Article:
Feb 262008
 
Authors: Nick Hemenway

Last week during a campaign stop in Madison, Wis., Michelle Obama told a crowd of supporters that “for the first time in my adult lifetime, I’m really proud of my country.”

During her “adult lifetime,” the U.S. captured and brought one of history’s most prolific mass murders to justice in Saddam Hussein. During her “adult lifetime,” the U.S. played the principal role in ending communism via the collapse of the Soviet Union. Are these not accomplishments to be proud of?

Why is it so perilous to be proud of our country? Why is it considered renegade to proclaim that the U.S. is the greatest country in the world?

Since the birth of our nation after the Revolutionary War, America has been known as the beacon of liberty. Is that something to be ashamed of?

Not to imply that Hollywood garners any respect in the real world, but I had to shake my head in disappointment Sunday when I saw that out of the five Oscar nominees for best documentary, three of them belittle the war on terrorism.

Alex Gibney won the category for his film “Taxi to the Dark Side,” which takes a narrow view on U.S. interrogation practices. In his acceptance speech, Gibney predictably took a jab at the Bush administration and said, “Let’s hope we can turn this country around, move away from the dark side and back to the light.”

You may remember several years ago in the lead up to the war in Iraq, French-American relationships took a turn for the worse.

Led by then President Jacques Chirac, France repeatedly opposed the U.S. in the U.N. Security Council over resolutions concerning Iraq. Chirac was afraid if we went into Saddam’s palaces, we would see their friendship bracelets, as well as “made in France” stamped on everything Saddam owned.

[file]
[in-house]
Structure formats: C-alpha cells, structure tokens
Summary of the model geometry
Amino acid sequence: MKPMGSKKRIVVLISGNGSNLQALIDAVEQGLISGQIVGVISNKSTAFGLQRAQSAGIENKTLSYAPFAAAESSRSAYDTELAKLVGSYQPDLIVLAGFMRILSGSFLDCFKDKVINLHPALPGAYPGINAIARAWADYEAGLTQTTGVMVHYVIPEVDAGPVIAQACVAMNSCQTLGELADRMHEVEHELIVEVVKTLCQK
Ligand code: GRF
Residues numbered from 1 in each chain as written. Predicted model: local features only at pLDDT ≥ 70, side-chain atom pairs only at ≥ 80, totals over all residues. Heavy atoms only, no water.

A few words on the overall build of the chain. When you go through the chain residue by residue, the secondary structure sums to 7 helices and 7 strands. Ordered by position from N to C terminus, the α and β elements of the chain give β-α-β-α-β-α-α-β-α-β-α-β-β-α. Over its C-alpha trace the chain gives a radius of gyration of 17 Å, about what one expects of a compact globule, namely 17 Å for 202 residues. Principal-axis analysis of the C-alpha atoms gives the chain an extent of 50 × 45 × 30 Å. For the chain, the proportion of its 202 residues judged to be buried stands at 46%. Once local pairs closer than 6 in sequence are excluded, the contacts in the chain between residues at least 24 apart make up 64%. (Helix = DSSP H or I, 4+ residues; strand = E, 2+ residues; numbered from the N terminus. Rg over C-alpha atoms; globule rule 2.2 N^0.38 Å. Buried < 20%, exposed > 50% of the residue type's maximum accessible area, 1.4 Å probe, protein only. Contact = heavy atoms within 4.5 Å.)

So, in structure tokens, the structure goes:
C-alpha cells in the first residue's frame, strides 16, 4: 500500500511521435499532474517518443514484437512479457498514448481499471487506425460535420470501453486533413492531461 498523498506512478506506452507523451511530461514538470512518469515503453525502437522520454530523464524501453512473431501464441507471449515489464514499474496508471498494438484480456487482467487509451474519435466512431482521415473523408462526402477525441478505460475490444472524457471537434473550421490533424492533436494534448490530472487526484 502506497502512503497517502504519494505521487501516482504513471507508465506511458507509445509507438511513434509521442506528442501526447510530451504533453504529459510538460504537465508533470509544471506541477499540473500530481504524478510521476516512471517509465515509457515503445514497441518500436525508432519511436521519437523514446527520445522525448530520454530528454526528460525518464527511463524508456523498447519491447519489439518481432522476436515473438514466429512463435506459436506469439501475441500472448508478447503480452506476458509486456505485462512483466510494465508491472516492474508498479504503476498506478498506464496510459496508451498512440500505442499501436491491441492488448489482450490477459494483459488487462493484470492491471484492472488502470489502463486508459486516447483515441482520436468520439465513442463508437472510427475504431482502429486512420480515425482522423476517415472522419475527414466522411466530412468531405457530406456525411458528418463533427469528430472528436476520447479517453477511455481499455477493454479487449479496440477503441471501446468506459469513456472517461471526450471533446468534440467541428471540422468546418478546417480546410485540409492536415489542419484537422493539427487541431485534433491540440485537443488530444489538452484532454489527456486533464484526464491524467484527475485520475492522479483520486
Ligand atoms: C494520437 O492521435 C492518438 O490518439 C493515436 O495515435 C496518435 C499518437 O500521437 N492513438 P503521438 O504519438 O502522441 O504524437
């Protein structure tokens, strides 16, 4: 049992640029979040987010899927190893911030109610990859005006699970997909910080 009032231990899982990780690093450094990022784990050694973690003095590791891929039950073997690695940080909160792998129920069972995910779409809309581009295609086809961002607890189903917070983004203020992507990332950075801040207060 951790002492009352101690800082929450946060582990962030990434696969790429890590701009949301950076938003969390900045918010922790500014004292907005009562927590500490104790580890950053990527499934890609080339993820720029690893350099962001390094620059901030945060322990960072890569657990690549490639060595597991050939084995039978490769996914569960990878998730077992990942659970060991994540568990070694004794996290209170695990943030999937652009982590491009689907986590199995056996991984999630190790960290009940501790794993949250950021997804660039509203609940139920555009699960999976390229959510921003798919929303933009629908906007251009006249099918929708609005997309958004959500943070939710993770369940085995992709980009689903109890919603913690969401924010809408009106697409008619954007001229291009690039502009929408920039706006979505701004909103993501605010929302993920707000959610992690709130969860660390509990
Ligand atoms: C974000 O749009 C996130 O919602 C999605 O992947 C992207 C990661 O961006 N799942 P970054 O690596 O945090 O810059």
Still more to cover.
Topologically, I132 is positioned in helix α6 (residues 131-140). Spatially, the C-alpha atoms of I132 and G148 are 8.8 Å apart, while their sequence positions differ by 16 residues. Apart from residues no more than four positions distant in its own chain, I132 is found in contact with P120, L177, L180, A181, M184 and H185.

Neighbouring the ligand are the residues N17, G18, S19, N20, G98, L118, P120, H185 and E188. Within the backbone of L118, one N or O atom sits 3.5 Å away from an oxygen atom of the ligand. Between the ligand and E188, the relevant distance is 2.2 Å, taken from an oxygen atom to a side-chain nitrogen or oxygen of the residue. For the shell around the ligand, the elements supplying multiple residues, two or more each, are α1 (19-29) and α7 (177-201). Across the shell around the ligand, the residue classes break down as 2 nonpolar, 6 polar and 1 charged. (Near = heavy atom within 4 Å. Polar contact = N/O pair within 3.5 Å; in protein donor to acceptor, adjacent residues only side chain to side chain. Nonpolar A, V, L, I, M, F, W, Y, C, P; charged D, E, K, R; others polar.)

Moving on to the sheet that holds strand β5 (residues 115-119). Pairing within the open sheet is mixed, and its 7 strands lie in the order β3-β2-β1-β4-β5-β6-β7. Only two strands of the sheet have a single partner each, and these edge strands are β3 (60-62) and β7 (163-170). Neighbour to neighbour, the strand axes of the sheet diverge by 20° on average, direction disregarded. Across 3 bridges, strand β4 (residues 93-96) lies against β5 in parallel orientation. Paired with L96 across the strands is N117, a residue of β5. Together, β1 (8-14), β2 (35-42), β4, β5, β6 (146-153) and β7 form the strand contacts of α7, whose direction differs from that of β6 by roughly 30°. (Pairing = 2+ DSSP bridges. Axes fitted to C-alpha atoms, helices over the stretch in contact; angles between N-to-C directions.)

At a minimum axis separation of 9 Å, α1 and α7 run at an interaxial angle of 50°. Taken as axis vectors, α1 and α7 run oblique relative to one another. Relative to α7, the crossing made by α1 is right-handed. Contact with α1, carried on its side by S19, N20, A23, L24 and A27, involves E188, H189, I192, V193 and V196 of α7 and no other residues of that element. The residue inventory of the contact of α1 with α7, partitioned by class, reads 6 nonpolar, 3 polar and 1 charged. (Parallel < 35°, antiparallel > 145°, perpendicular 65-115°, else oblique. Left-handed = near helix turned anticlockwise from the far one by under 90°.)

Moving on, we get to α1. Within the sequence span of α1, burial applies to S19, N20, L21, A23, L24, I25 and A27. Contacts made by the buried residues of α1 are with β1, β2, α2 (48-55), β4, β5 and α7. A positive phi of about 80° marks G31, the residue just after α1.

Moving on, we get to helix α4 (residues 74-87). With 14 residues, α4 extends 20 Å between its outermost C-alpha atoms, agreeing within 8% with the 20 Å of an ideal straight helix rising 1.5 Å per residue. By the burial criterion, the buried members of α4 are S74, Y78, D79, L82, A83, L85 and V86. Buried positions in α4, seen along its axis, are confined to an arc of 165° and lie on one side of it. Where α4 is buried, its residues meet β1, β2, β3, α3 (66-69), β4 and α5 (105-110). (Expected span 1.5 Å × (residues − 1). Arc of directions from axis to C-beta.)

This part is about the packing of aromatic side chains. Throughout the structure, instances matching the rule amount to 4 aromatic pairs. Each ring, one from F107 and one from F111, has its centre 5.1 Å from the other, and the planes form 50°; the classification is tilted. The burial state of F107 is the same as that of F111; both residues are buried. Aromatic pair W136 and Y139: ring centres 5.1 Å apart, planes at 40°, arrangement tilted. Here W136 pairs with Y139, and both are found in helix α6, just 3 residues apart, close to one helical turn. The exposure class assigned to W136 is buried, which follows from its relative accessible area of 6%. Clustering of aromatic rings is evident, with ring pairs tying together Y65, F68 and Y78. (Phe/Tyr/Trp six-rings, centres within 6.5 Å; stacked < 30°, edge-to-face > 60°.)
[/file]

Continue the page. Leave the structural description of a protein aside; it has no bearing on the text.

However, in a surprising turn of events, Nicolas Sarkozy was elected President of France in May 2007. What separates Sarkozy from his predecessor is his optimism and understanding that a strong relationship between our countries is in everyone’s best interests.

In September 2006, Sarkozy spoke at the French-American Foundation in Washington D.C. While he said he did not agree with our decision to go into Iraq, he told listeners that Chirac’s arrogance was not the solution, explaining, “It’s not appropriate to try and embarrass one’s allies or give the impression of gloating over their difficulties.”

This, my friends, is how you can disagree with our administration appropriately.

While that statement gave me hope for our countries’ relationship, it was something else he said that blew me away.

When discussing the strained relations, Sarkozy noted that the critical French elites envy our nation, because “the United States is the world’s leading economic, military and monetary power. Your economy is flourishing, your intellectual life is rich and research in the U.S. is structured in such a way that the world’s best researchers work at your universities, quickly becoming American patriots.”

Why is it that a French President is more proud of our country than many of our own citizens?

For centuries, our nation has been the image of success. While we may stumble from time to time, we are a just nation, firmly-based in liberty, for the entire world to see. This is why so many people give up everything they have to become part of our trademarked American Dream.

I have only been an American for 23 years now, but I don’t need a French president to tell me that America is the greatest country in the world. It’s time for the rest of the country to get with the program.

Nick Hemenway is a senior mechanical engineering major. His column appears Wednesdays in the Collegian. Letters and feedback can be sent to letters@collegian.com.

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